of StarLink in Azteca flour were so low that two different testing labs
often got opposite results from the same samples. I pointed out to the
conferees, as I do to many audiences, that the world will need three times
as much farm output in 2050, and we're already farming 37 percent of the
planet's land area. Unless we use biotechnology to help triple the yields
again, we're faced with either letting a billion people starve or
accepting the destruction of most of the planet's wildlife. Shouldn't that
problem concern our environmental protection agency?
C.S. Prakash, a biotech plant researcher at Alabama's Tuskegee University,
noted that the biotech version of rice, just engineered by the Chinese,
will fend off enough rice stem borers to raise yields by more than 25
percent. That would protect an amount of wildland equal to the land area
of France. Prakash also pointed to biotech papayas that fend off the
ringspot virus and thus protect another staple food of the tropics.
A native of India, he is enthusiastic about "golden rice," which could
save millions of children in poor rice-eating cultures from the blindness
and even death brought on by severe Vitamin A deficiency.
Tom Dorr, an Iowa farmer and seed merchant, told the conferees that
farmers were caught in the middle. Biotech corn has eased farmers' pest
problems and lowered their costs. Dorr said biotech corn would also help
prevent the loss of farmers' fingers and hands in corn harvester
accidents, many of which occur while they try to clear jams caused by
fallen cornstalks damaged by corn borers. He warned, however, that none of
the farmer advantages from StarLink were big enough to make up for a
potential loss of major crop markets in Europe and Japan.
Karil Kochenderfer of the Grocery Manufacturers Association told the
conference her members hope biotechnology results in safety, quality and
desirable products for consumers but the food processing industry must
ultimately produce what consumers want.
A recent New York Times editorial rejected the precautionary
principle--the idea that we must prove any new technology is completely
safe beyond any doubt--because it would prevent us from adopting powerful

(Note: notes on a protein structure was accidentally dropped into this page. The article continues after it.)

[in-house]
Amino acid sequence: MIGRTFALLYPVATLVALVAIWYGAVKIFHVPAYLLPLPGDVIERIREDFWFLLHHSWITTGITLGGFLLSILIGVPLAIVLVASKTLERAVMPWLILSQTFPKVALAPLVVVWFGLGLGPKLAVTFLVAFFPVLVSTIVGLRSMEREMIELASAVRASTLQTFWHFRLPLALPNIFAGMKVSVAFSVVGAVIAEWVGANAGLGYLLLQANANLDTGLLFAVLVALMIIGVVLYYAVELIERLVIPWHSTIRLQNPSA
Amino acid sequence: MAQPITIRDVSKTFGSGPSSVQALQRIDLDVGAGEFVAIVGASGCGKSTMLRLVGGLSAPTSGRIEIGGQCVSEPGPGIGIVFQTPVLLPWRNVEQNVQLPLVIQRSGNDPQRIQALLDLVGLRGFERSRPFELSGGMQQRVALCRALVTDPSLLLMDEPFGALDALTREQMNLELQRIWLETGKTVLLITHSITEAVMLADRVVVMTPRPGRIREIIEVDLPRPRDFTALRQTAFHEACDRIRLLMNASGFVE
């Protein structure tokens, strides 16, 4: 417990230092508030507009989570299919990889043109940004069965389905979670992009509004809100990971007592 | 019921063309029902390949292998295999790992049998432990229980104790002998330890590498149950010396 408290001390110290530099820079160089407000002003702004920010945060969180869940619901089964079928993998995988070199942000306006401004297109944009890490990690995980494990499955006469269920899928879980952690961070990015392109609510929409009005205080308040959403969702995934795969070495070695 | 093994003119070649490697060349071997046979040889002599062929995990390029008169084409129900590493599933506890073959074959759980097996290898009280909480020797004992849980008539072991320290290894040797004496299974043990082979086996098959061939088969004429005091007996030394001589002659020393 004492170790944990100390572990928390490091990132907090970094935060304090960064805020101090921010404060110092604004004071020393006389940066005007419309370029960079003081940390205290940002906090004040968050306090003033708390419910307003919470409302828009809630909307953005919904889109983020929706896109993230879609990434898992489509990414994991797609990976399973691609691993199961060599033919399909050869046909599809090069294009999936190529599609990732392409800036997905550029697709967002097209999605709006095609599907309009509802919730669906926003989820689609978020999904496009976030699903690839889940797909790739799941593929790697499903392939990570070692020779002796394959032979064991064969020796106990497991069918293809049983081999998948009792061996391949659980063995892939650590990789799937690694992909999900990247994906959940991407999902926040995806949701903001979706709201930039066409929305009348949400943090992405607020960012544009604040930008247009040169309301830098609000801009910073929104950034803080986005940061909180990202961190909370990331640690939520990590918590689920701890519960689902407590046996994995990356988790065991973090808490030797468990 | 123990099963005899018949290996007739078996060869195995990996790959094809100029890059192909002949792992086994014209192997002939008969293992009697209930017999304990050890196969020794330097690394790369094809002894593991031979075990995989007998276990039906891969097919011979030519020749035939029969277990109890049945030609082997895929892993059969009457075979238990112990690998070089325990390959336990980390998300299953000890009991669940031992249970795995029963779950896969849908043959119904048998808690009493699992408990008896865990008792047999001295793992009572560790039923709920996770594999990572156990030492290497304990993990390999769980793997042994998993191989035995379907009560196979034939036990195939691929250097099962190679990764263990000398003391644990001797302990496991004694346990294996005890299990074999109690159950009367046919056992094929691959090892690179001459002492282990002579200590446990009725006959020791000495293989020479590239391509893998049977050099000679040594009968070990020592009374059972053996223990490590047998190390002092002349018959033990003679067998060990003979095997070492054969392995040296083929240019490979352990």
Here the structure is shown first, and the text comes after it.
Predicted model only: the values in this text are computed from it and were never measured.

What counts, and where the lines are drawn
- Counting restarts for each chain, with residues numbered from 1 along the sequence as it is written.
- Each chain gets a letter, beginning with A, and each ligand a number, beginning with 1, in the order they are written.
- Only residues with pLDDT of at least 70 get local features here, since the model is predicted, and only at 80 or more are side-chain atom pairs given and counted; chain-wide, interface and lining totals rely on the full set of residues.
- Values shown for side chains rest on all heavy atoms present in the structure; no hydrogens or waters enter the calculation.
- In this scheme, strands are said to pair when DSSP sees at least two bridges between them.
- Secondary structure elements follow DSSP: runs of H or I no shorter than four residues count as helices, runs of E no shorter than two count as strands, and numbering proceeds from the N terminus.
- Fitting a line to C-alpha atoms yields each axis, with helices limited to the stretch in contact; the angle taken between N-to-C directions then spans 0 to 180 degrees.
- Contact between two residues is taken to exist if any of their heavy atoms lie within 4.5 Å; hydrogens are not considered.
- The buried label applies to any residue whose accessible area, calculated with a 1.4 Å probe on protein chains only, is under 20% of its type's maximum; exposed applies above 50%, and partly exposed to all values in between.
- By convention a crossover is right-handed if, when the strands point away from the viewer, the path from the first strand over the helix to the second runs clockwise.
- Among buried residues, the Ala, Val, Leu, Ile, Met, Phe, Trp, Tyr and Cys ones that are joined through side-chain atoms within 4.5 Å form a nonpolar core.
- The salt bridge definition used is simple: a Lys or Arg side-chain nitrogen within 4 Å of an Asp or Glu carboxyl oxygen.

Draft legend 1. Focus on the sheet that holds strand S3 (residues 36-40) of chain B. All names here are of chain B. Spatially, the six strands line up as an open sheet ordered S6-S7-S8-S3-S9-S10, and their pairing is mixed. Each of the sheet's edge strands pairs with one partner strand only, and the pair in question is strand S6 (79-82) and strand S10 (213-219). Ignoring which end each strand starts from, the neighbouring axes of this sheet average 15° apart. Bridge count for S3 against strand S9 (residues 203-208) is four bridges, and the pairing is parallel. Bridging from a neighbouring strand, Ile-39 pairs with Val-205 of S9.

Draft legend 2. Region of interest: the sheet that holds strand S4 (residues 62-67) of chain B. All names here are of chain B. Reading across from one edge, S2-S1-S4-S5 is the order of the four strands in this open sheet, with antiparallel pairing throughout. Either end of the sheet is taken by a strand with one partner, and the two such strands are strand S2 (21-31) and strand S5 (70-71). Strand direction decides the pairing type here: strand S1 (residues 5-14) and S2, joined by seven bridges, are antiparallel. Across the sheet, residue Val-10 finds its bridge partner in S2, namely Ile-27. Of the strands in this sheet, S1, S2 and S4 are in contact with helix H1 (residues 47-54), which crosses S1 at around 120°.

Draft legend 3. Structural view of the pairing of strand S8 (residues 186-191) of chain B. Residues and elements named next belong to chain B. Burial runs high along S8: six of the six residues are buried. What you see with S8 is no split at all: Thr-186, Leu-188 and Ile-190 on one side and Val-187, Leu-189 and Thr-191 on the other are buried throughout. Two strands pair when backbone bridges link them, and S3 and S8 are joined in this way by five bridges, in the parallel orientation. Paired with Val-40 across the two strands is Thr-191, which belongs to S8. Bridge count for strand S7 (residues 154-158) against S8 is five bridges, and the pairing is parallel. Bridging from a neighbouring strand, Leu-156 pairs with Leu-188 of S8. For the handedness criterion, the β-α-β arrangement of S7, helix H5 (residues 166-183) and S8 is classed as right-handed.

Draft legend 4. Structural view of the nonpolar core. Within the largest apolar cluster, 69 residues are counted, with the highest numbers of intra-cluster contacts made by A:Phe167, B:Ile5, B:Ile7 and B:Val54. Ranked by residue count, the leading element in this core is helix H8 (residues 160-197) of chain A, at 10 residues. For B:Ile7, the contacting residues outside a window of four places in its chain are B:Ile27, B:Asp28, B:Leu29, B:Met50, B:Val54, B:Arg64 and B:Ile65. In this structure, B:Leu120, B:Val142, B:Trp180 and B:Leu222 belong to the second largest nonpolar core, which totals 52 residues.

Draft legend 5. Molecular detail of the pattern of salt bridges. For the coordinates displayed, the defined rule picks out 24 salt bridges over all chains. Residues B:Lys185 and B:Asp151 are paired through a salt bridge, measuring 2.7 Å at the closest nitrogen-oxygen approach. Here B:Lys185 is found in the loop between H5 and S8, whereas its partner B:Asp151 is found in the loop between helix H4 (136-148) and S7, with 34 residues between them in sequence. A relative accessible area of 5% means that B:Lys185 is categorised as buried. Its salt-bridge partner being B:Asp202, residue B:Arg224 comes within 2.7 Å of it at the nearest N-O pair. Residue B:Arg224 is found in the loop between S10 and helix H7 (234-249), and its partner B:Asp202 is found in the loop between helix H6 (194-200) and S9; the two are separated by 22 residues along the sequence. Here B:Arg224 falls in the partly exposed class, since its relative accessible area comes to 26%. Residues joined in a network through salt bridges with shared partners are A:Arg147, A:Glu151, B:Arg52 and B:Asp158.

ways to conserve nature, such as low-till farming, which saves topsoil
using chemical weedkillers. The Times said we must continue balancing
potential benefits and risks. The StarLink panelists agreed with that
viewpoint, except, says Avery, for Friends of the Earth's Larry Bohlen.
From: Vittorio Santaniello
International Conference on: Biotechnology, Science and Modern
Agriculture: a New Industry at the Dawn of the Century
organised by the: International Consortium on Agricultural Biotechnology
Research (ICABR ) and the: CEIS - University of Rome " Tor Vergata "
Center of Sustainable Resource Development, University of California at
Berkeley; Economic Growth Center, Yale Universit; Sichelgaita ö Institute
for Economic and Social Studies
The Conference will take place at: Ravello ( Italy ) June 15-18, 2001
In the past decade a number of agricultural biotechnology products have
been invented and commercialized. These "genetically modified organism"
(GMO) crops have attracted public attention and debate. Public discussion,
however, has paid little attention to the fact that these products were
enabled by advances in the biological sciences. The techniques of genetic
engineering were first developed in scientific research programs and first
pursued by scientists. The sciences underpinning the technology are
continuing to open up new technological invention opportunities as genome
maps are completed and as the fields of genomics and proteomics analysis
As these sciences develop, we can expect to see changes in the
organizations and conduct of public or government programs of applied
research and in the private industrial sector as well. Important policy
questions regarding public research system design and conduct are
emerging. These are of particular importance in developing countries.
These questions require a long view and an understanding of the scientific
revolution that is underway.
The Ravello's Conference will focus on the following topics:
Impact of agricultural biotechnology, Industrial organization, Public
acceptance, Impact of science, Intellectual property rights, Biotechnology
& developing countries, Regulation of biotechnology, Biomasses and new
products, Biotechnology, trade and development
The Conference will include: paper presentation * poster display * round
tables Additional information on: the 5t
Conference Secretariat: Benedetta Braccini Email:
Braccini@economia.uniroma2.it fax: ++39 06 2020500 phone: ++39 06 7259
From: "Genetics Northwest"
Subject: New inexpensive library/document delivery service
Hi, I am contacting you in case you are in need of a way to obtain journal